2. New Census study comparing gay and straight married couples:
rosetta's stones:
Focus on the real data concerning gays in the military. That's an avenue that's not been fully explored, I'd think. I gotta believe there's enough there to make a difference, here and from other countries.
6.20.2009 7:10pm
Randy R. (mail):
The Census isn't like a poll. It strives for an accurate counting, rather than a representative counting. If it were representative, it would likely be closer to Gary Gates analysis. Because it strives for accuracy, but can't achieve total accuracy (it's difficult to say you've accounted for 100% of the people), some will inevitably be left out. Those left out may skew things differently than if only a representative sample were taken.

So yes, it doesn't mean the Census Bureau is wrong, but it doesn't mean it explains everything. It's just one for bit of information to be added to the pile.
6.20.2009 11:20pm
James Gibson (mail):
I did say your use of the data seemed forced. Instead, it was even worse: premature. Errors in Census data, or just plain government document, is an old problem going back centuries. My grandfather in 1930 was identified as Elenore instead of Elmore. If it wasn't for the mark as Male it really would have been stupid. In the same regard, it was recently reported that a same sex couple got married in New York even though the state presently doesn't recognize it. It turns out one of the partners had a document that miss-identified him as a her.

Census takers tend to rush: I should know I was one in the 1990 census. They also tend to make spelling errors and have trouble printing long names in the space provided on the forms. People then make things even worse by the name they give for themselves or their children. Sometimes they give their middle name (like my dad), or their nickname, because people know them better by it then their given first name. I have two males ancestors whose full name was so long that the census takers truncated the first two (or three) names to only initials leaving only the last name fully represented. It made finding them in the census a test of my searching skills.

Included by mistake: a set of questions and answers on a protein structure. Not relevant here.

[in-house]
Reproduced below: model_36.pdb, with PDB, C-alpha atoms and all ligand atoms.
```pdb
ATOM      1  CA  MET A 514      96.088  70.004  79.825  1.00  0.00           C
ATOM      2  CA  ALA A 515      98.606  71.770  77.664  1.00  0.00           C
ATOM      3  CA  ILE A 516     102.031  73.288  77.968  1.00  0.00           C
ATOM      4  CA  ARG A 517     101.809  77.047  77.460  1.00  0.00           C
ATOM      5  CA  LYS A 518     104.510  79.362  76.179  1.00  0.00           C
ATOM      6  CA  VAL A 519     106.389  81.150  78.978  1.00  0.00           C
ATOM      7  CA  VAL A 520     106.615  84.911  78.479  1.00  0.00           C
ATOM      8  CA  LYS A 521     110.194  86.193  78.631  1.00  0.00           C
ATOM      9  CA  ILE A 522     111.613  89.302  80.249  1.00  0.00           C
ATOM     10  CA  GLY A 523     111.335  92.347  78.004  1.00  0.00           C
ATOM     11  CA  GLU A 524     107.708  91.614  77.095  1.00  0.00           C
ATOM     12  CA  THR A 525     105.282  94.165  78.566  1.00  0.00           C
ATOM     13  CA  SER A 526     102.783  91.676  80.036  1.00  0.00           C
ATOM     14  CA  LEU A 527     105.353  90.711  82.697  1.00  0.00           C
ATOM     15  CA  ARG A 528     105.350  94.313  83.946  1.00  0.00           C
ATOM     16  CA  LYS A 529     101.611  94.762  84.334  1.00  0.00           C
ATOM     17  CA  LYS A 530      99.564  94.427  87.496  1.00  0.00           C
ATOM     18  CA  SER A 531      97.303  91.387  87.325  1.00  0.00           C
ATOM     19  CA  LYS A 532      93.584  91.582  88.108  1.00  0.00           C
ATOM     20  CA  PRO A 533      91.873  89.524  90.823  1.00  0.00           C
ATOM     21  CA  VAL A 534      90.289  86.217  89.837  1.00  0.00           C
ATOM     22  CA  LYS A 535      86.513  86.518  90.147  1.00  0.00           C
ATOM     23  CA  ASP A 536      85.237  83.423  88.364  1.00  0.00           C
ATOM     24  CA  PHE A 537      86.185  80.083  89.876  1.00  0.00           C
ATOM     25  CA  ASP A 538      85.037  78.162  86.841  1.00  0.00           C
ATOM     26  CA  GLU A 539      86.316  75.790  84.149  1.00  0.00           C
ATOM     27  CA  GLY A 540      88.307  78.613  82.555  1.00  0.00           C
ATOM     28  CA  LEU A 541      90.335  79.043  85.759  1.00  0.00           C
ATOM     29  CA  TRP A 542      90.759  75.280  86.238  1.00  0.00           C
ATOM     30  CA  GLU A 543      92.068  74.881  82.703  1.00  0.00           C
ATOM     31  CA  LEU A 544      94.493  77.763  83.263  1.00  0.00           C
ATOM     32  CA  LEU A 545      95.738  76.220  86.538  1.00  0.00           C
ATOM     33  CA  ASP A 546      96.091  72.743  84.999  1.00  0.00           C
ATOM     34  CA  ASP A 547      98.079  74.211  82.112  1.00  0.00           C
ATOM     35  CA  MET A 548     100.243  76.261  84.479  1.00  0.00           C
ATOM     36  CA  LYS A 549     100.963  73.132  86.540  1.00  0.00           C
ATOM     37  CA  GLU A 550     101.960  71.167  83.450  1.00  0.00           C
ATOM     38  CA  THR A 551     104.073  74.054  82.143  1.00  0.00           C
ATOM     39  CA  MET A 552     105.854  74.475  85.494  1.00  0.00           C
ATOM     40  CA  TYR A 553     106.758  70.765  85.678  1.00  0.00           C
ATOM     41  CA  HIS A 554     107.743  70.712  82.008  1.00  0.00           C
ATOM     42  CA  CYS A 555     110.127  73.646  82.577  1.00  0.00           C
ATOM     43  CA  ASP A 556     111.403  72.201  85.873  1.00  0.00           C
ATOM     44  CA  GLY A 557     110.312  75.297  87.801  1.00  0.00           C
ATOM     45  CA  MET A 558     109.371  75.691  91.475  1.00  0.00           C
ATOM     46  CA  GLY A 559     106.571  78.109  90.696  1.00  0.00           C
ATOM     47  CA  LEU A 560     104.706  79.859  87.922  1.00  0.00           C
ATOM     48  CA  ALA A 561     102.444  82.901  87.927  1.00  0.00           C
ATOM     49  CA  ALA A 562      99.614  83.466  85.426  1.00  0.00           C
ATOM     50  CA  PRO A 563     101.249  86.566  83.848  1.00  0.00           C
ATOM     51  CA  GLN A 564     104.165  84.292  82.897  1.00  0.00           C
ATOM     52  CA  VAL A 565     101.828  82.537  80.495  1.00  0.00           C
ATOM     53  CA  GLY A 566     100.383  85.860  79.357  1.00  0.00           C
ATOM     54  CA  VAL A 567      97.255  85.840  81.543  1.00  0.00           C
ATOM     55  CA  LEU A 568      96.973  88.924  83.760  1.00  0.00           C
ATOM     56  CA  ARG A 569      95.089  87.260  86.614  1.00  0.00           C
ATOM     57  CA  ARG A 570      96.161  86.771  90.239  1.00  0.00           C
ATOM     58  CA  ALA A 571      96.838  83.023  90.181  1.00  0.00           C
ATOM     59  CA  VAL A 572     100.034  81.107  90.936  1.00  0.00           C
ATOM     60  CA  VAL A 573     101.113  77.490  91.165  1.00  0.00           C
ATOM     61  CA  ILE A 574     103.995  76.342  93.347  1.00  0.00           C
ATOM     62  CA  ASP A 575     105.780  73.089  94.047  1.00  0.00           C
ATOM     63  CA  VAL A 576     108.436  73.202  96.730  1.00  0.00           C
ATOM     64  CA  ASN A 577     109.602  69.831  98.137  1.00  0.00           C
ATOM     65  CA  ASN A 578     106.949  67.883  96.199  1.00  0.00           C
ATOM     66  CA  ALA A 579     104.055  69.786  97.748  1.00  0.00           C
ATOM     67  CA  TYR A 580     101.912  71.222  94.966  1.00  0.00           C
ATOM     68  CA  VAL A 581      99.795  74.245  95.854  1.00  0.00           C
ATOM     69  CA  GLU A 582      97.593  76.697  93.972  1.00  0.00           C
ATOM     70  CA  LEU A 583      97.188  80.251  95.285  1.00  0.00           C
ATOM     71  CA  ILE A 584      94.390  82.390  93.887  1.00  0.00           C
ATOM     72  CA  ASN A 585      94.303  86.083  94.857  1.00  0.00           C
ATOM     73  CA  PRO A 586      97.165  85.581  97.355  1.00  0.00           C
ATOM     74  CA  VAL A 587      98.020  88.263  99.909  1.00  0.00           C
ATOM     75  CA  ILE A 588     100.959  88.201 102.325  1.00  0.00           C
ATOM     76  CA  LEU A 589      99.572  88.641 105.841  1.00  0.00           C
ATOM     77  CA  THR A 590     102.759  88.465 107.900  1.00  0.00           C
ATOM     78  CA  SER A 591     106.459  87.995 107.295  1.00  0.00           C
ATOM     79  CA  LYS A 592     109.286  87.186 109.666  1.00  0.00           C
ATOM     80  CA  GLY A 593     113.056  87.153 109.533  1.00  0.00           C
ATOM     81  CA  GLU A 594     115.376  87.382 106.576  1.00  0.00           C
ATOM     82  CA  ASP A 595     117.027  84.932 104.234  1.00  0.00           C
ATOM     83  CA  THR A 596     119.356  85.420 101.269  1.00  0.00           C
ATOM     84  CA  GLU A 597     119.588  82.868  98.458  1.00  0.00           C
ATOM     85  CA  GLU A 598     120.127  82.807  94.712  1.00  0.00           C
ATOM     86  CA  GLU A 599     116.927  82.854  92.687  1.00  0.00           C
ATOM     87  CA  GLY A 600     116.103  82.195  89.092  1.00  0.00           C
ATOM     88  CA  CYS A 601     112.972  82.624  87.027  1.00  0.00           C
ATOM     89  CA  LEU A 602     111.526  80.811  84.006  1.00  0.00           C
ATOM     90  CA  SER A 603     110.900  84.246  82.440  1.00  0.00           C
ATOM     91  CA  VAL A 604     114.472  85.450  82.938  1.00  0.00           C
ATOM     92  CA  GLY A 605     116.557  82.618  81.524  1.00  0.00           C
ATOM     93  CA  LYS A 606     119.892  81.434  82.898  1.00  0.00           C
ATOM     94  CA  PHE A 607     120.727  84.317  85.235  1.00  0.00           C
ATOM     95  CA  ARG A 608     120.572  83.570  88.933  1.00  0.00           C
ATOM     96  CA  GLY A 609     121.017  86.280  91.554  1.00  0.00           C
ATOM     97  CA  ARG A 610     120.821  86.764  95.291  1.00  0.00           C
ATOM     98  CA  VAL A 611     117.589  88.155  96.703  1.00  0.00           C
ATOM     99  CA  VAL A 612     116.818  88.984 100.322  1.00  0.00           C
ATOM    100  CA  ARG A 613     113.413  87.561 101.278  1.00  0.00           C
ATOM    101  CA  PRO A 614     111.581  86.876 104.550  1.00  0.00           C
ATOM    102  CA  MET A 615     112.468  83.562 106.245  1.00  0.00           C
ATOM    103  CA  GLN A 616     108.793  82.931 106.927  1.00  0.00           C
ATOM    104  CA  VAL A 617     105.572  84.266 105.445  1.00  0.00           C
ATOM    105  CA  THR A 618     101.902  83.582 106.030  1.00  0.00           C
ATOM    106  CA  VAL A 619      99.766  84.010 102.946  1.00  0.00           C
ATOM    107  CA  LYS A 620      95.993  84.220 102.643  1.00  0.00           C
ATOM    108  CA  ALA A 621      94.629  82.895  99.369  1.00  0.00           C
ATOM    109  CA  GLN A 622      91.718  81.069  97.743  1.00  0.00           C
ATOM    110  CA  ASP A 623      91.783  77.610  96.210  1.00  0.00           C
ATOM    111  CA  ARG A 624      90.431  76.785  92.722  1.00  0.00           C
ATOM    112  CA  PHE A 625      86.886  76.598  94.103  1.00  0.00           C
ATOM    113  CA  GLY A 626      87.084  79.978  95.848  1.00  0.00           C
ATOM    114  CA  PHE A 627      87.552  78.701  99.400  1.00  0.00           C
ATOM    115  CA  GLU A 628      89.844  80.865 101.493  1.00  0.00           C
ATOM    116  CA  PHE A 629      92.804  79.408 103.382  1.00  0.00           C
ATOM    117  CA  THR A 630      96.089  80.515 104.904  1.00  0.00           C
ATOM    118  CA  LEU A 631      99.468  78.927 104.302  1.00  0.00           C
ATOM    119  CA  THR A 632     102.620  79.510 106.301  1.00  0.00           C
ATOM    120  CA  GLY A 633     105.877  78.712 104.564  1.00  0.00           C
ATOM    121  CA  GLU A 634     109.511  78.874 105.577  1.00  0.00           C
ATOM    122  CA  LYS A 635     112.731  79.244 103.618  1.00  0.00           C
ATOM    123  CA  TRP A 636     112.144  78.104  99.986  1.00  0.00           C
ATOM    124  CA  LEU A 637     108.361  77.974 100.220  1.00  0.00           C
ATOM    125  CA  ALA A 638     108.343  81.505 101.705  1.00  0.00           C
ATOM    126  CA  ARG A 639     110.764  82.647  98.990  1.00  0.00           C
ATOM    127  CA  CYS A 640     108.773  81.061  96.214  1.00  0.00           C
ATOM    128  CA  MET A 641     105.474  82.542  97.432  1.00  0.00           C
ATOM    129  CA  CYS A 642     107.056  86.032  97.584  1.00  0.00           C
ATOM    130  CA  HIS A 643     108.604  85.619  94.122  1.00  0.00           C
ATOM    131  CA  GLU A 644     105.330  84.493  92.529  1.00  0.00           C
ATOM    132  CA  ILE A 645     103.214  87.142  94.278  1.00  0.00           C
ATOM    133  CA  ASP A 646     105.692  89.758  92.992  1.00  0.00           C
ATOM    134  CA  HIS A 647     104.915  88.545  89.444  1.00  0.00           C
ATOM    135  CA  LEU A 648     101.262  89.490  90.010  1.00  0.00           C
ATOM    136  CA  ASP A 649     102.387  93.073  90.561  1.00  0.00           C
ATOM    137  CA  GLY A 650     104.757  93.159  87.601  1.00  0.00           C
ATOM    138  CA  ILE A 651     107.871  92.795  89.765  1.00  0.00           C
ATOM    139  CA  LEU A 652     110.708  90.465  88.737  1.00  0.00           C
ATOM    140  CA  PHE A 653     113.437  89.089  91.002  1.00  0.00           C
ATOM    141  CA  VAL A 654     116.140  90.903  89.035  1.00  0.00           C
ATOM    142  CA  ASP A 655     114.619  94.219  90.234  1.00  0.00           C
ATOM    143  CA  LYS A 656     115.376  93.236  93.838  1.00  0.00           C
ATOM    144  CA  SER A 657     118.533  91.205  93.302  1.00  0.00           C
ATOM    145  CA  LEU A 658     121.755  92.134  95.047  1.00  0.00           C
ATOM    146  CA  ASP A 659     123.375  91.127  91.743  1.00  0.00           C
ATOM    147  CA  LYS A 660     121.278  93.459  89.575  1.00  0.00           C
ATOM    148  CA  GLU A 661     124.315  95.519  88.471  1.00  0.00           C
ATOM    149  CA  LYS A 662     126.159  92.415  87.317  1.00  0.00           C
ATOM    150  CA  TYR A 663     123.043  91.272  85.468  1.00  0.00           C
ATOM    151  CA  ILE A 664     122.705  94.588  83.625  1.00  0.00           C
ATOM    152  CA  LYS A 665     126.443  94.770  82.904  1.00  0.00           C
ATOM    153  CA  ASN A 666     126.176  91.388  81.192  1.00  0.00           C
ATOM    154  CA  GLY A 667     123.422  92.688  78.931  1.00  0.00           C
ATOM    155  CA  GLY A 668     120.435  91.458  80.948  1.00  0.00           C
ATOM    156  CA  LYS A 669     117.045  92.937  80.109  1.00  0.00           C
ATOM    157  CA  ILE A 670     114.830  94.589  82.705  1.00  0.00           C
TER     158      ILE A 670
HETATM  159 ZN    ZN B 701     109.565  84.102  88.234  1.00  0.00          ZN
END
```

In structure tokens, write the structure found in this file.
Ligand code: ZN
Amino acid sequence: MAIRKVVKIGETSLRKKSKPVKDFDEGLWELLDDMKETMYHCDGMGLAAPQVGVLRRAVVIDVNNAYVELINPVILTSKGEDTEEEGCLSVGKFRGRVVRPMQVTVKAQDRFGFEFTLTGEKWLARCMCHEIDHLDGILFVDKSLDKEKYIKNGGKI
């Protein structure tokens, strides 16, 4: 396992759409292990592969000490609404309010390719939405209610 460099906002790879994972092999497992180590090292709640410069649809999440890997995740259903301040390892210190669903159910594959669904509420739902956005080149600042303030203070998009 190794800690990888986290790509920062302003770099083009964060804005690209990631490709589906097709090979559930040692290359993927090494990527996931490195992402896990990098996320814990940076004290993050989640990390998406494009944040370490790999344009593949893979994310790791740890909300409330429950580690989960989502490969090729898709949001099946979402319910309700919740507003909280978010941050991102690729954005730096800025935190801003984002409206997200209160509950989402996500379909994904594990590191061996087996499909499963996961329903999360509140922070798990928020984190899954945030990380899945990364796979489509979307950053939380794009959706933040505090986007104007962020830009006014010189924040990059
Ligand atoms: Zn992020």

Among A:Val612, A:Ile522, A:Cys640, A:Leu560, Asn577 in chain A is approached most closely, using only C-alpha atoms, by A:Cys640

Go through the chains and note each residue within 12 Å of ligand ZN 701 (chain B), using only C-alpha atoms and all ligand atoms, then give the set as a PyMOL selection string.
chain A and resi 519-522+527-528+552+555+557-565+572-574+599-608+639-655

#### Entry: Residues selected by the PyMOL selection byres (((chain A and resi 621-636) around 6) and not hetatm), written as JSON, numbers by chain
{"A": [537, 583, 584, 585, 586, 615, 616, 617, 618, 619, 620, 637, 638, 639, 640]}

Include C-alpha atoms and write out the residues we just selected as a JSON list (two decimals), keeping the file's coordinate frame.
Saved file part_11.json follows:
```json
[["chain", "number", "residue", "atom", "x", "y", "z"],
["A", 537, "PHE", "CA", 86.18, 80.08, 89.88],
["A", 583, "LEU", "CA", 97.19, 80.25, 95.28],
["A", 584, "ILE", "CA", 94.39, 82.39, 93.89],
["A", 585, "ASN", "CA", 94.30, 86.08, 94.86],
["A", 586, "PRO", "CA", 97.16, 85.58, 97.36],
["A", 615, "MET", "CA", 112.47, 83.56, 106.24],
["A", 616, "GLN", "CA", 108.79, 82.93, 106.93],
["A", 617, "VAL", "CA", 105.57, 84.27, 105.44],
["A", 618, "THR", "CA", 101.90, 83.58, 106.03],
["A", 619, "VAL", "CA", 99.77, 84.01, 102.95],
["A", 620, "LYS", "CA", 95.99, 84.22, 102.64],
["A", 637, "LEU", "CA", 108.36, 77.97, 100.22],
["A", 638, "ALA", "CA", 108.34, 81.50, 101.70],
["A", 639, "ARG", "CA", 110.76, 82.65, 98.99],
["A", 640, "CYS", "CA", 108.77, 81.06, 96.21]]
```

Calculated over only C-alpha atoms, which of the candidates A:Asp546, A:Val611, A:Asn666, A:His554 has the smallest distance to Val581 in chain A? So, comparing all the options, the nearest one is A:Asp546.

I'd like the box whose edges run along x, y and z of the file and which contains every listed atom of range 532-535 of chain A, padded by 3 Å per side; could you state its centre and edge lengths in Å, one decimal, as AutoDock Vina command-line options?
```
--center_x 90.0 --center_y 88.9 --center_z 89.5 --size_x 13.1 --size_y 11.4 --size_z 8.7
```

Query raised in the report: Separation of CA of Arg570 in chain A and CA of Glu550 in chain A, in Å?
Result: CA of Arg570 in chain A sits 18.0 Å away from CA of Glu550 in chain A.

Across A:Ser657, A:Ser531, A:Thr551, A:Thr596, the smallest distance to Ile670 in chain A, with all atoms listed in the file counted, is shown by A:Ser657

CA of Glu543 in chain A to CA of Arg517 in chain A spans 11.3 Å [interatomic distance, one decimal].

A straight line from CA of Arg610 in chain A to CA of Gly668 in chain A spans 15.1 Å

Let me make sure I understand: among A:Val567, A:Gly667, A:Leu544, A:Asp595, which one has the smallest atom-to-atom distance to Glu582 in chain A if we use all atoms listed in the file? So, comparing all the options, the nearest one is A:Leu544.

6.21.2009 2:59am
Putting Two and Two...:
miss-identified him as a her

As opposed to mister-identifying her as a him


Sorry, couldn't resist.

But, I wonder, does this mean we can get our equal rights if we just prove we're smarter than those hetero couples who can't even fill out simple paperwork?
6.21.2009 3:16am
Lymis (mail):
Analysis of this sort of data, especially in states where there is not legal protection from things like getting fired for being gay, needs to include at least the awareness that there are solid reasons for some people not to choose to self-report.

Married people with kids are already out, both legally and socially. The registered with some government entity somewhere, and are likely to be out to their children's schools and so on.

People with more education are likely to be working in jobs that have more real or perceived protections.

Two men with kids are going to be more socially obvious to passersby than two women, so even those who would prefer to be closeted are less likely to.

Responsible analysis wouldn't conclude things like "gay people are more educated" but rather "educated gay people are more likely to self-report." Using census data to conclude, for example, that there are more white gay Ivy League graduates than black gay rural Southerners would be problematic.

This will be iterative. Each census that asks these questions will get more accurate, and people will be more willing to self-report as conditions in their areas and in their lives improve.
6.21.2009 10:06am
Pro Natura (mail):
6.21.2009 11:09am